I used to push all my phone notification to my computer so that I could check them as soon as they arrived. Bad idea. My focus was interrupted every single time I got an email–important or not. And yes, some emails may require your attention. But when the majority of your emails are just noise, you really need to ask yourself if being constantly disrupted by your notifications is actually beneficial. I am currently trying to limit myself to checking my email maybe once every couple hours when I’m at my desk or in lab and maybe a bit more often if I’m working elsewhere. Regardless, I feel that killing my habit of frantically checking my email definitely kept me more focused and reduced the amount of distractions (and email anxiety) during work time.
Set small attainable goals
I talked a little bit about how I make weekly to do lists and keep track of deadlines in my Organizing my Grad School Life post. Shortly after writing that, I also took up the habit of writing my day’s to do list on a post it note that I stick it on my computer. Much like this:
I basically extract some of the bigger, more daunting tasks from my week and break them down into much smaller chunks, noting the approximate time I want to dedicate them that day. For instance, my weekly to-do list might say “Make full draft of NSF Proposal” and my daily to-do list breaks that down with tasks such as “Edit NSF Introduction (1 hr)” or “Edit Figures for Proposal (30 minutes).” All in all, this has definitely kept me from feeling overhwhelmed as the semester started picking up pace, and it’s a nice bonus to see each item crossed off as the day goes on.
Take breaks away from your desk
Every day for lunch I close my laptop. I go to the break room, warm up my lunch and then plug in my headphones. I then find a nice bench to sit on outside and listen to a 30 minute podcast while scrolling through tumblr. I am completely tuned out from work. Work is not allowed to be on my mind for those 30 minutes to an hour I set aside for lunch. And it’s great! I get a few minutes to unwind and temporarily forget about that error Matlab keeps spitting at me or that blinking cursor staring at me on my opened and empty Word Document. I feel that stepping away from my desk has actually proven effective at allowing me to come back to work with a fresh, cleared mind. Essentially, be sure that when you take breaks (because breaks are important) you are actually taking a break!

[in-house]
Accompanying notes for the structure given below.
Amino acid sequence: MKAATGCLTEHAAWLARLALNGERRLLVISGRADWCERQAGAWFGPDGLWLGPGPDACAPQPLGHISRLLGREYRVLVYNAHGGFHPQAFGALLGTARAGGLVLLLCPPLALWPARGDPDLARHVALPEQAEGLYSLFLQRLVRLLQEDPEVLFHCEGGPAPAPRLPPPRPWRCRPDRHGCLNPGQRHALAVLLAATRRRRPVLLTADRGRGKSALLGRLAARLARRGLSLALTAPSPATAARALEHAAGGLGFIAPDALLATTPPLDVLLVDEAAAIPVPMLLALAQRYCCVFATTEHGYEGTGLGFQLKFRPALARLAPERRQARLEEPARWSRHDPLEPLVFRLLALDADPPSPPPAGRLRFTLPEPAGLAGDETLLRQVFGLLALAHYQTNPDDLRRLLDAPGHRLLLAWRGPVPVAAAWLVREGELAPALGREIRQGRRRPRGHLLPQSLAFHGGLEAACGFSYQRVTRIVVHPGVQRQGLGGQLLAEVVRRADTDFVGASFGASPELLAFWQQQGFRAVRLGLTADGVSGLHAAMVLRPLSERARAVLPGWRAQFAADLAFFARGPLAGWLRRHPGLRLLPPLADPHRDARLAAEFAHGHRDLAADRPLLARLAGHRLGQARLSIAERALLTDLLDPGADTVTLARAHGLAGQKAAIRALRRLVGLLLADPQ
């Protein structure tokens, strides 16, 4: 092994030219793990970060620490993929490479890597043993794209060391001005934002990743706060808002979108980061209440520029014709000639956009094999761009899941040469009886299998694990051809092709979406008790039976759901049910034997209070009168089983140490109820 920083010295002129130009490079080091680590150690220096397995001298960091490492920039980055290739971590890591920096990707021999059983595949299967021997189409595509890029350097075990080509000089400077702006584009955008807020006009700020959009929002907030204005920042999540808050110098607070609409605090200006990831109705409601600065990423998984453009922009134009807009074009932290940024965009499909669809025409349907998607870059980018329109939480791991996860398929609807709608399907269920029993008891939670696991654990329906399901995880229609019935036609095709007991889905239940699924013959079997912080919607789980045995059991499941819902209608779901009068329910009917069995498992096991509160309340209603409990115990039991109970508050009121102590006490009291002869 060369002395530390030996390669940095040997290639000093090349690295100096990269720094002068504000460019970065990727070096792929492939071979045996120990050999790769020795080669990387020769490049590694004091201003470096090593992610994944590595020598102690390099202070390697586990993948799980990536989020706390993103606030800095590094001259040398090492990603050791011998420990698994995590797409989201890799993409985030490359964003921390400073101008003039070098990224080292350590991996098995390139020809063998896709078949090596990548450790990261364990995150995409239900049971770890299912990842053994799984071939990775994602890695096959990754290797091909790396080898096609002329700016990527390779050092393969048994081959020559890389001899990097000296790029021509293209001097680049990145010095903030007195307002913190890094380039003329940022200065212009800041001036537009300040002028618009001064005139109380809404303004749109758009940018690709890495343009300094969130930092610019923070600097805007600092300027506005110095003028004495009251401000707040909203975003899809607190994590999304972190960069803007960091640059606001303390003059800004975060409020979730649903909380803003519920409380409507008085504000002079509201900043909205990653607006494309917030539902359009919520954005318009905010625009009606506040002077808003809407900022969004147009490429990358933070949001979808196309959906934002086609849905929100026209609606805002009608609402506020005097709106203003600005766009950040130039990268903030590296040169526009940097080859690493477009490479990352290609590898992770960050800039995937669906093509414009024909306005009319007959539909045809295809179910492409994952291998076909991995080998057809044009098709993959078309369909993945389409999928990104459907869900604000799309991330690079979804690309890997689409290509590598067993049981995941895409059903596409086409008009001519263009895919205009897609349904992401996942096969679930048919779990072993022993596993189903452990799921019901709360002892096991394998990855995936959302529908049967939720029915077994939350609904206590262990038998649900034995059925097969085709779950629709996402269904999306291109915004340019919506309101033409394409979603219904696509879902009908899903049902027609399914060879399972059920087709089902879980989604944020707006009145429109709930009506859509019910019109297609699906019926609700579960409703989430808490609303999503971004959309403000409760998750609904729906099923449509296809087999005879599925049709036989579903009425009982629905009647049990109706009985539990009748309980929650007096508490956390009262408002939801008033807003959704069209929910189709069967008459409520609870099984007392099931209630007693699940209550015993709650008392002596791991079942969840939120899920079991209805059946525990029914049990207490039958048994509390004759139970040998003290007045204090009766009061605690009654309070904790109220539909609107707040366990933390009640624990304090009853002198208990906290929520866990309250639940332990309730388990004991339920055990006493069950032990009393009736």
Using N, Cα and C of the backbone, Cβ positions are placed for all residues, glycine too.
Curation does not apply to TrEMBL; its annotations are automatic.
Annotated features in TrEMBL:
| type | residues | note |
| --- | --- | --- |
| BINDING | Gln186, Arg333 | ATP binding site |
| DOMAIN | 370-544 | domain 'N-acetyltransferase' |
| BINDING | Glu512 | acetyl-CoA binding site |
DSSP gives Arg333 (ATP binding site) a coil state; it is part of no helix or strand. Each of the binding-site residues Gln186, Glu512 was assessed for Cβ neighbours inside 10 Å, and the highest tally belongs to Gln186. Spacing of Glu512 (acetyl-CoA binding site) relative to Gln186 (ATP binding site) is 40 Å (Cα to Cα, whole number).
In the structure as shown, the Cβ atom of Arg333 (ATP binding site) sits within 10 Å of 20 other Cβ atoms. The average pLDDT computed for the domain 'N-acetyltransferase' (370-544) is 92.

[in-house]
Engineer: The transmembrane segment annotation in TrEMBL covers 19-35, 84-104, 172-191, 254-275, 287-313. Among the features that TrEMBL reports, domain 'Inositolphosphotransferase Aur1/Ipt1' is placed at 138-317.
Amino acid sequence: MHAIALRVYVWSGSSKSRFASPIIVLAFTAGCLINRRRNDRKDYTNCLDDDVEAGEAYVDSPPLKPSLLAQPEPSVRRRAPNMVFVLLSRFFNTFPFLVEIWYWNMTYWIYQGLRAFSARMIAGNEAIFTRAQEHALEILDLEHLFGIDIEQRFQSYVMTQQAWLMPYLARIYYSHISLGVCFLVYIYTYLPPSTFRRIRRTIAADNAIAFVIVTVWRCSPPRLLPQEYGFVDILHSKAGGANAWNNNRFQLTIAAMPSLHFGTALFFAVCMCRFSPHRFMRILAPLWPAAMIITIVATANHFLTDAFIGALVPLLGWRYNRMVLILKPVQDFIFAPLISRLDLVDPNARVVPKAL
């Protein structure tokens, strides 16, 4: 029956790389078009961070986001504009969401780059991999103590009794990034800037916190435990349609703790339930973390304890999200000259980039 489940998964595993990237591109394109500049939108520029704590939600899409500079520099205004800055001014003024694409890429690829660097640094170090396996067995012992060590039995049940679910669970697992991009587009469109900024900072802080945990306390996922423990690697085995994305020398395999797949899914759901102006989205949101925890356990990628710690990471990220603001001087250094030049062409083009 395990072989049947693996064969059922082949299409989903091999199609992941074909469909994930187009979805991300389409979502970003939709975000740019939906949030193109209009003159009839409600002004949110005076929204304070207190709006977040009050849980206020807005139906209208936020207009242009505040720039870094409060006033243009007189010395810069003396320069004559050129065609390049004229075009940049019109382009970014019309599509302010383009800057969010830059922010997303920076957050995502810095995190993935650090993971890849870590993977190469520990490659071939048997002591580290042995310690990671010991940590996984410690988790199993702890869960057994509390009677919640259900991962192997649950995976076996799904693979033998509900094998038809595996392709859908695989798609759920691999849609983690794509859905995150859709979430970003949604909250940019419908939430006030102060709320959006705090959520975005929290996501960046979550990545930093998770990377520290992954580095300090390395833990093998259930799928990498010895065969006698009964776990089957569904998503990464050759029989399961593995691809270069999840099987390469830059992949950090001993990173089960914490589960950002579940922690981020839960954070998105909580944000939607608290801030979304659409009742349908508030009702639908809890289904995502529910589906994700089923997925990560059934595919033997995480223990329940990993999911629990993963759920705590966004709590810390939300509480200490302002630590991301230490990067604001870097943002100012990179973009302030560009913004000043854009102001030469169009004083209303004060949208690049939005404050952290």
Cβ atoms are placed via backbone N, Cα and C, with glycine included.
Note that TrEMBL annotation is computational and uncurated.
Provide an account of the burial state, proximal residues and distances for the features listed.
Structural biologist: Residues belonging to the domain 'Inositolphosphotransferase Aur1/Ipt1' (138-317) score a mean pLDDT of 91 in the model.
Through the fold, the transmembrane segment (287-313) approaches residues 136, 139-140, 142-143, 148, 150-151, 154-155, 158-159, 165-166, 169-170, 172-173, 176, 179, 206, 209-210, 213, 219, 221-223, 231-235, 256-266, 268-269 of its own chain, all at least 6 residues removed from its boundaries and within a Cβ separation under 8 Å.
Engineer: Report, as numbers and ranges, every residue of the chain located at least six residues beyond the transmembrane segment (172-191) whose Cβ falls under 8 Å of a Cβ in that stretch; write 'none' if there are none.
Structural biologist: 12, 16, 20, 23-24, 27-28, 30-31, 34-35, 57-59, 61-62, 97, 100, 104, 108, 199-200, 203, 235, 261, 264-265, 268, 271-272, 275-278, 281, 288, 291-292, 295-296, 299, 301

For the record, my recommended app to listen to podcasts is Pocket Casts. It’s available for Apple and Android, though unfortunately it’s not free ($6, one time fee). (And no, I’m not sponsored or anything. I just really love this app).
Reach out to your support network
No one is alone in this world. Somewhere out there is a person that has your back and is willing to give you that boost of support you need. Whenever I’m feeling down, I either call my mom or rant to my boyfriend. If I really need a day to recoup, I try organizing a get together with my best friends. These wonderful people in my life know to give me a reality check and tell me when I’m being to hard on myself or if I really am slacking off. If nothing else, they can remind me of a time where I was really excited to come to work or tell me that everything will work out in the end. Either way, after talking to them, I definitely feel a little more motivated to work, even just to thank them for always being there for me.
Remember why you’re here
Research is hard. School is hard. And sometimes you just get sick of all these obstacles popping up, making the end goal seem laughably far away. But you got to this point for a reason, right? There has been something motivating you not to quit. So take a moment, go for a walk, and remember why exactly you love what you’re doing. Why do you love school? Why do you love research? Why are you getting this degree? Though difficult to do, nothing is more motivating than rekindling that fire that made you say “I want to do this” in the first place.
That’s all I managed to try out in the past week that seemed to work the best. I hope that these help give you a good starting point on how to get out of that unmotivating funk that we often find ourselves in.
Readers, what are your ways to find your motivation? Share them in the comments! I’ll definitely be trying out your suggestions and report back later! 😀